Critical reflections on the ‘new normal’: Synchronous teaching of CAQDAS-packages online during COVID-19

By Christina Silver, Sarah L. Bulloch, & Michelle Salmona Our contribution discusses synchronous online teaching of digital tools for qualitative and mixed-methods analysis, known as Computer Assisted Qualitative Data AnalysiS (CAQDAS) packages, during the COVID-19 pandemic. Teachers must take responsibility for, and be sensitive to, the current additional challenges and pressures upon learners and attend … Continue reading Critical reflections on the ‘new normal’: Synchronous teaching of CAQDAS-packages online during COVID-19

Zombie Paradigms in the Classroom: Assuaging the Problems of Current-Traditionalism

The field of writing studies has been arguing for decades about disposing of current-traditionalism (CT). Scholars, professional groups, graduate students, and even deans now advocate for teaching written communication in other ways. These new paradigms, collectively known as post-process, have shown considerably better student outcomes and improved teaching experience. Yet, the fact remains that they … Continue reading Zombie Paradigms in the Classroom: Assuaging the Problems of Current-Traditionalism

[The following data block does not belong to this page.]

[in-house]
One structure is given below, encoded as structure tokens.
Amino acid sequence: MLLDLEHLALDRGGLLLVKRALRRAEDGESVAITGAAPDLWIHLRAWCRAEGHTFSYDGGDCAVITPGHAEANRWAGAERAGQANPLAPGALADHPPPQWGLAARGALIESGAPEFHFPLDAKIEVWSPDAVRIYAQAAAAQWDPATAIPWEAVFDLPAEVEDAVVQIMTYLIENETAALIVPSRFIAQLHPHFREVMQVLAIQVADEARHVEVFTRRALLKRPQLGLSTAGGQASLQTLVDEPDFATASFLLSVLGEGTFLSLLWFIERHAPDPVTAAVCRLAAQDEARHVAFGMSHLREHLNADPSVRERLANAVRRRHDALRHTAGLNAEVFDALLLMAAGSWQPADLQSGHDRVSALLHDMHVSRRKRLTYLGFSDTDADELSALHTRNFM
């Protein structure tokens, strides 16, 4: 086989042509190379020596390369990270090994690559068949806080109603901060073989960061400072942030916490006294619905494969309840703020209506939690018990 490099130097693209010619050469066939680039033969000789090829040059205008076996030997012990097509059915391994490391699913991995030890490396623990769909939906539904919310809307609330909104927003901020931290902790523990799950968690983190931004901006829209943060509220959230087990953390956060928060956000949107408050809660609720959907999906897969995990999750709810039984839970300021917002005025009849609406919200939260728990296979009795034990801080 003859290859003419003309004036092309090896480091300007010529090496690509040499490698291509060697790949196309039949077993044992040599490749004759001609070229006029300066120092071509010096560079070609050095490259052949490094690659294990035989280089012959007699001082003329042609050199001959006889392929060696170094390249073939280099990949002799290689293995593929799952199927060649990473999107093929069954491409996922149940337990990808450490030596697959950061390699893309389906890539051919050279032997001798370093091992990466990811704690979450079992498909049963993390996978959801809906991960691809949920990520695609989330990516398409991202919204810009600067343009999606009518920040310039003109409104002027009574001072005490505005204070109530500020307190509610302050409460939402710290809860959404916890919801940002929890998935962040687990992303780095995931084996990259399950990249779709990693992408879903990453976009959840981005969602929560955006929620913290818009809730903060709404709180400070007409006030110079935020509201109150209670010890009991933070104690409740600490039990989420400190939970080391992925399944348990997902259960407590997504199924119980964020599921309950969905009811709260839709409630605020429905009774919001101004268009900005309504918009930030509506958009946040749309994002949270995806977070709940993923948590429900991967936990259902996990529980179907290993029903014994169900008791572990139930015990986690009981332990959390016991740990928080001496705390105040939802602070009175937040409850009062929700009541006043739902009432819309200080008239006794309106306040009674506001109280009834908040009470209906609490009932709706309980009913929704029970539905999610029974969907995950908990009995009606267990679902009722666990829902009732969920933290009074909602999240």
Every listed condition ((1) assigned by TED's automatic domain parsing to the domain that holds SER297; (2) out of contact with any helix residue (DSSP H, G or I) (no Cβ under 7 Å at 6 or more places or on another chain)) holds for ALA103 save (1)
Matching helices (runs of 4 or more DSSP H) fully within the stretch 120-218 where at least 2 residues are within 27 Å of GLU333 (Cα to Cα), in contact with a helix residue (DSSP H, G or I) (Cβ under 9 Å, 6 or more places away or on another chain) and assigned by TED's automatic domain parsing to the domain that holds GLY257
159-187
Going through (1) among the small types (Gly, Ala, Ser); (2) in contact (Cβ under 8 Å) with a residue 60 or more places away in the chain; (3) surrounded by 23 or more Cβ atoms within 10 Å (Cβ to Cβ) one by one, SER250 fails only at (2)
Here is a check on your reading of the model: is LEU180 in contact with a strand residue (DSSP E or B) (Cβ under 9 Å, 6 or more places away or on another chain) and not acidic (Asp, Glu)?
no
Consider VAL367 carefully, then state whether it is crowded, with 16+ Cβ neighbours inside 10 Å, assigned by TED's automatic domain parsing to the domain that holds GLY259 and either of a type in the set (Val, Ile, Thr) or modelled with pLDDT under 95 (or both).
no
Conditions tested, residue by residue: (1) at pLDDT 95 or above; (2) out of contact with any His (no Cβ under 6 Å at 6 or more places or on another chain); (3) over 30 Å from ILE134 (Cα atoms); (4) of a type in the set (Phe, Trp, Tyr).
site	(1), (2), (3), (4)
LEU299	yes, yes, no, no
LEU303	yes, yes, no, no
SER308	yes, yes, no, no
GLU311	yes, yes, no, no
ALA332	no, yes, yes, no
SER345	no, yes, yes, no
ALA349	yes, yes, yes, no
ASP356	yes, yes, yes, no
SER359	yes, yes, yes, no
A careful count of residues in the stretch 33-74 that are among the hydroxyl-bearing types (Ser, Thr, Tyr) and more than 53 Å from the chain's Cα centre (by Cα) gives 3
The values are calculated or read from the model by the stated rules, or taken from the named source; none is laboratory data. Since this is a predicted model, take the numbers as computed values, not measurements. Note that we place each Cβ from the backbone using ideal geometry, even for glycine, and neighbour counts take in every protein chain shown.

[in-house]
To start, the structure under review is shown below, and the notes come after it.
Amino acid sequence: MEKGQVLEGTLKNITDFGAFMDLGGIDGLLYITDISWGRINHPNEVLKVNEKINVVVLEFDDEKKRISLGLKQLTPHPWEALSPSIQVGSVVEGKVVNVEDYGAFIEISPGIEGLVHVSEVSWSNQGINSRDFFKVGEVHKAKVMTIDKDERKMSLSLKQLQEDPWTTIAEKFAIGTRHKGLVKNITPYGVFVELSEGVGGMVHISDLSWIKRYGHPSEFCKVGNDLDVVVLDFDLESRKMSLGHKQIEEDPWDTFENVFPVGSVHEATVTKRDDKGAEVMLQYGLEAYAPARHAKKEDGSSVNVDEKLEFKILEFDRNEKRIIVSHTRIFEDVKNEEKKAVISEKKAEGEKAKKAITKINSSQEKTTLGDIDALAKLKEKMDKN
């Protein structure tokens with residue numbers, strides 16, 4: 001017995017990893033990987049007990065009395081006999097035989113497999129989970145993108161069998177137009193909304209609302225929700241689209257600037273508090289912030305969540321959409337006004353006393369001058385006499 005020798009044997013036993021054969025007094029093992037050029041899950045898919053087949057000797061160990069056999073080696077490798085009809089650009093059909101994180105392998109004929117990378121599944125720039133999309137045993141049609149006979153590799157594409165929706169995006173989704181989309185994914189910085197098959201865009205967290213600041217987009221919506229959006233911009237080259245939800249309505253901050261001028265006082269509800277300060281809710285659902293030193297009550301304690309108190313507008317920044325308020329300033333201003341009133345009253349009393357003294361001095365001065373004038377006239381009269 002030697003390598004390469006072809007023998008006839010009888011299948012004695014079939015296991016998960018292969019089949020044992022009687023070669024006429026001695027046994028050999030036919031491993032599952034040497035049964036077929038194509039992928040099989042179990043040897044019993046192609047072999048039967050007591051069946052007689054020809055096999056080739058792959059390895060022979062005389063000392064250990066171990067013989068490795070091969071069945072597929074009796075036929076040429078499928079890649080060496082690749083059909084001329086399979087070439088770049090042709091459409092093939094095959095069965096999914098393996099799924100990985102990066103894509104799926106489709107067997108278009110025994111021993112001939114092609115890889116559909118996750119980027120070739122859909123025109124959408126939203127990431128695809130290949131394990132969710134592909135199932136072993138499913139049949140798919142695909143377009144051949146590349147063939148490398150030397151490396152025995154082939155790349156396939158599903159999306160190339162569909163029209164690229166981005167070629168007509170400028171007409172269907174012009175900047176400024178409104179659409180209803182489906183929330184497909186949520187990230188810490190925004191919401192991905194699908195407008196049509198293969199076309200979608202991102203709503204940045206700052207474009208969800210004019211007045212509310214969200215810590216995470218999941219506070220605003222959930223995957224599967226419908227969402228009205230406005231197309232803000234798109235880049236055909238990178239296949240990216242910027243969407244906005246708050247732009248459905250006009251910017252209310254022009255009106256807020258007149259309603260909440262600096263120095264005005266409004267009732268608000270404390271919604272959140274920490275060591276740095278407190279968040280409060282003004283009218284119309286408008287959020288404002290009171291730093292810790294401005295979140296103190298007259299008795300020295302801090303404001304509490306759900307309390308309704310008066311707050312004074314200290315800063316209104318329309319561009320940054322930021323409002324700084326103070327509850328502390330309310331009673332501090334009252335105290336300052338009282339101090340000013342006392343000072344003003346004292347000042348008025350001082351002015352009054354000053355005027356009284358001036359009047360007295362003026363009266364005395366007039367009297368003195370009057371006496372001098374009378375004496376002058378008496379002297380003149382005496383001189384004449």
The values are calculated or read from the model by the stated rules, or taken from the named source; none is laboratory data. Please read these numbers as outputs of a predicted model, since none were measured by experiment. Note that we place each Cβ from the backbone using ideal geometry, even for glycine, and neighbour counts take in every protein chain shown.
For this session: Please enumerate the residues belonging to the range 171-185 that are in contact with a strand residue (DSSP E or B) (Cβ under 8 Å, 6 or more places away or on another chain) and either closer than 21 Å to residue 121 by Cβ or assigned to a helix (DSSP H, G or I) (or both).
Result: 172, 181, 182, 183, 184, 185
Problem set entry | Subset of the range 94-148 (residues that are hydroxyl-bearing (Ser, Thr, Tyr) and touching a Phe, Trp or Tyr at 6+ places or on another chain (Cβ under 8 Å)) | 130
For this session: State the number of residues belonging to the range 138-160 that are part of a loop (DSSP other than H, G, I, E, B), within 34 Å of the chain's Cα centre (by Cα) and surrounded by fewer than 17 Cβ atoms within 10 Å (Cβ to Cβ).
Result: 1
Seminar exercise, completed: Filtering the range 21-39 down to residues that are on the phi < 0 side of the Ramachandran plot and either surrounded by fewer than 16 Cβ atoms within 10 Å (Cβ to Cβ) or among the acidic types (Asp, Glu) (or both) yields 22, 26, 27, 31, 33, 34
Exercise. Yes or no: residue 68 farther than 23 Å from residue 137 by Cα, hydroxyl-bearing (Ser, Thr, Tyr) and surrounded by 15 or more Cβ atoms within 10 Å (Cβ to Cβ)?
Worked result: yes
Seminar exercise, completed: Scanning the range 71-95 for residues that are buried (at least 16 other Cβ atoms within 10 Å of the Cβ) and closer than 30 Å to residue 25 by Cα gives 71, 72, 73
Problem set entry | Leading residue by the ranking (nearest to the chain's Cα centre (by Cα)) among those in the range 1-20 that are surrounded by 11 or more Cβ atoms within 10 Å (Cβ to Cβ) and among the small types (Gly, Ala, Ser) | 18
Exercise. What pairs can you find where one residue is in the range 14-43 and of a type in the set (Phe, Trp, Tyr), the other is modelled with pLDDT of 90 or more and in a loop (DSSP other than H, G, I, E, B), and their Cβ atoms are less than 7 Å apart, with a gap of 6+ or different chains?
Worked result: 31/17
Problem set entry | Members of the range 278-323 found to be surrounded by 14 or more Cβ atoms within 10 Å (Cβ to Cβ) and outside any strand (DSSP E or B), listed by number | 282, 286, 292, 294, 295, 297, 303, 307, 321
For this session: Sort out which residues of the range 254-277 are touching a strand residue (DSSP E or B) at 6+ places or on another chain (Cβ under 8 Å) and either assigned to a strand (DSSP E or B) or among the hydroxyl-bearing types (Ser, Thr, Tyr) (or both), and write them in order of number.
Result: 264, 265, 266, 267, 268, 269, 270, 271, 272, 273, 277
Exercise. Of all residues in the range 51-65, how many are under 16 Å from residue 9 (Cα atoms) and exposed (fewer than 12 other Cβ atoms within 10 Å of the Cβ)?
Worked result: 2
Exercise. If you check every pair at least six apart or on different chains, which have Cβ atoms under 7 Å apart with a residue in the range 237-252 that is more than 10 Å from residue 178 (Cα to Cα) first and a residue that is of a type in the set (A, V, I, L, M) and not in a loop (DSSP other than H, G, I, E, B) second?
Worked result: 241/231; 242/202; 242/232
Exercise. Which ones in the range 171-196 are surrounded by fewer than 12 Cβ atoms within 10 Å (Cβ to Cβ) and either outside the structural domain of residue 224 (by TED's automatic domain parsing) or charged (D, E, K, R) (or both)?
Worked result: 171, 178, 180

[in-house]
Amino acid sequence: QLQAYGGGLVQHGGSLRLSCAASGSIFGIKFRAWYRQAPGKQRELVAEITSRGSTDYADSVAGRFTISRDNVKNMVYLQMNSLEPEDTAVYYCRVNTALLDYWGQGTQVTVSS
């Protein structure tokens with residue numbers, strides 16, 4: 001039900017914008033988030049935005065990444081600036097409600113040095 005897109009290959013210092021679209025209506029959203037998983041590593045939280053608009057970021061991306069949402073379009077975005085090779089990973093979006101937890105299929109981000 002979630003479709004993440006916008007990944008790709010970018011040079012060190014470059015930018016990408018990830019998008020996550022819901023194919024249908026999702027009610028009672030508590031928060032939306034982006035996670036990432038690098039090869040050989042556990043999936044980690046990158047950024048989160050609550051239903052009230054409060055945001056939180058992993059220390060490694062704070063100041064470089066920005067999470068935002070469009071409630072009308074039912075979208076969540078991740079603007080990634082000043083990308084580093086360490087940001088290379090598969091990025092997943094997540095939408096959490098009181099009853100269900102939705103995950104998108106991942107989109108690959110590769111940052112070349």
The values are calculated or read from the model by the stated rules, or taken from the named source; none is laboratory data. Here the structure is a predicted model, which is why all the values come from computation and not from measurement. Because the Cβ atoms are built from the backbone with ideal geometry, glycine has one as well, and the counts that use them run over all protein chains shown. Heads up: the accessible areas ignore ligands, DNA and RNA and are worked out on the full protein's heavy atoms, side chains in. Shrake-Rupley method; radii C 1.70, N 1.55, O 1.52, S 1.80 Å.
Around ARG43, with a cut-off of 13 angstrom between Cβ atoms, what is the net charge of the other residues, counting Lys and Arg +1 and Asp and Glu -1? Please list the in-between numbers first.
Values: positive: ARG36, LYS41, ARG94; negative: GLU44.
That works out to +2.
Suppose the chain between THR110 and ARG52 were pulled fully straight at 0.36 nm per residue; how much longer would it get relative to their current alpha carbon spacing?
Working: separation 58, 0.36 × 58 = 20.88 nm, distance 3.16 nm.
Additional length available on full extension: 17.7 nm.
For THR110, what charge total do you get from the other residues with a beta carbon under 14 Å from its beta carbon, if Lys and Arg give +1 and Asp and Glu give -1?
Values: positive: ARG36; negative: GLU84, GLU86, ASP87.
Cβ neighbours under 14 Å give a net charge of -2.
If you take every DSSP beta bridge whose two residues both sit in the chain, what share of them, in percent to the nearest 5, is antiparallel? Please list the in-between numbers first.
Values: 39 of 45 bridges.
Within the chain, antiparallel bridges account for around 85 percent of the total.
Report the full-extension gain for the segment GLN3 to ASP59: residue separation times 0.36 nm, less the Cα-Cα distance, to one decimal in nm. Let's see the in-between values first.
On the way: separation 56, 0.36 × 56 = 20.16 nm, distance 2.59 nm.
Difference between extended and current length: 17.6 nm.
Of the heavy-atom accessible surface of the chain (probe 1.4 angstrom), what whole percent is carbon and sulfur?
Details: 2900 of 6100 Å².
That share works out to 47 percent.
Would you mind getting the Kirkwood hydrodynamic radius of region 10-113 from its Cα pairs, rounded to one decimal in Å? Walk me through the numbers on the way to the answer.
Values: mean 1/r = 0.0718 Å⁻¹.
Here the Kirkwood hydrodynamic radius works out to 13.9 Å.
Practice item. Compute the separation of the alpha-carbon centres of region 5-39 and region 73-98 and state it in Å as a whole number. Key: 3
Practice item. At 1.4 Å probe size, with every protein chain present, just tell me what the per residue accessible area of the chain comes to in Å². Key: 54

Calm and Compassionate Online Teaching: Q&A with Shelley Rodrigo

Rochelle (Shelley) Rodrigo has been teaching online for more than 20 years. She has also developed and administered an online writing program and supported instructors as an instructional technologist. Shelley is the interim director of the writing program; associate professor in the rhetoric, composition, and the teaching of English (RCTE); and associate writing specialist (continuing … Continue reading Calm and Compassionate Online Teaching: Q&A with Shelley Rodrigo

Universities’ betrayal of online pedagogy during the pandemic

When instructors were suddenly pushed into online teaching last Spring, many online education experts predicted that the long term impact on online education as a whole would not be pretty. Some instructors who had never engaged in systematic online course development — either by choice or circumstances — suddenly discovered that they could, in a … Continue reading Universities’ betrayal of online pedagogy during the pandemic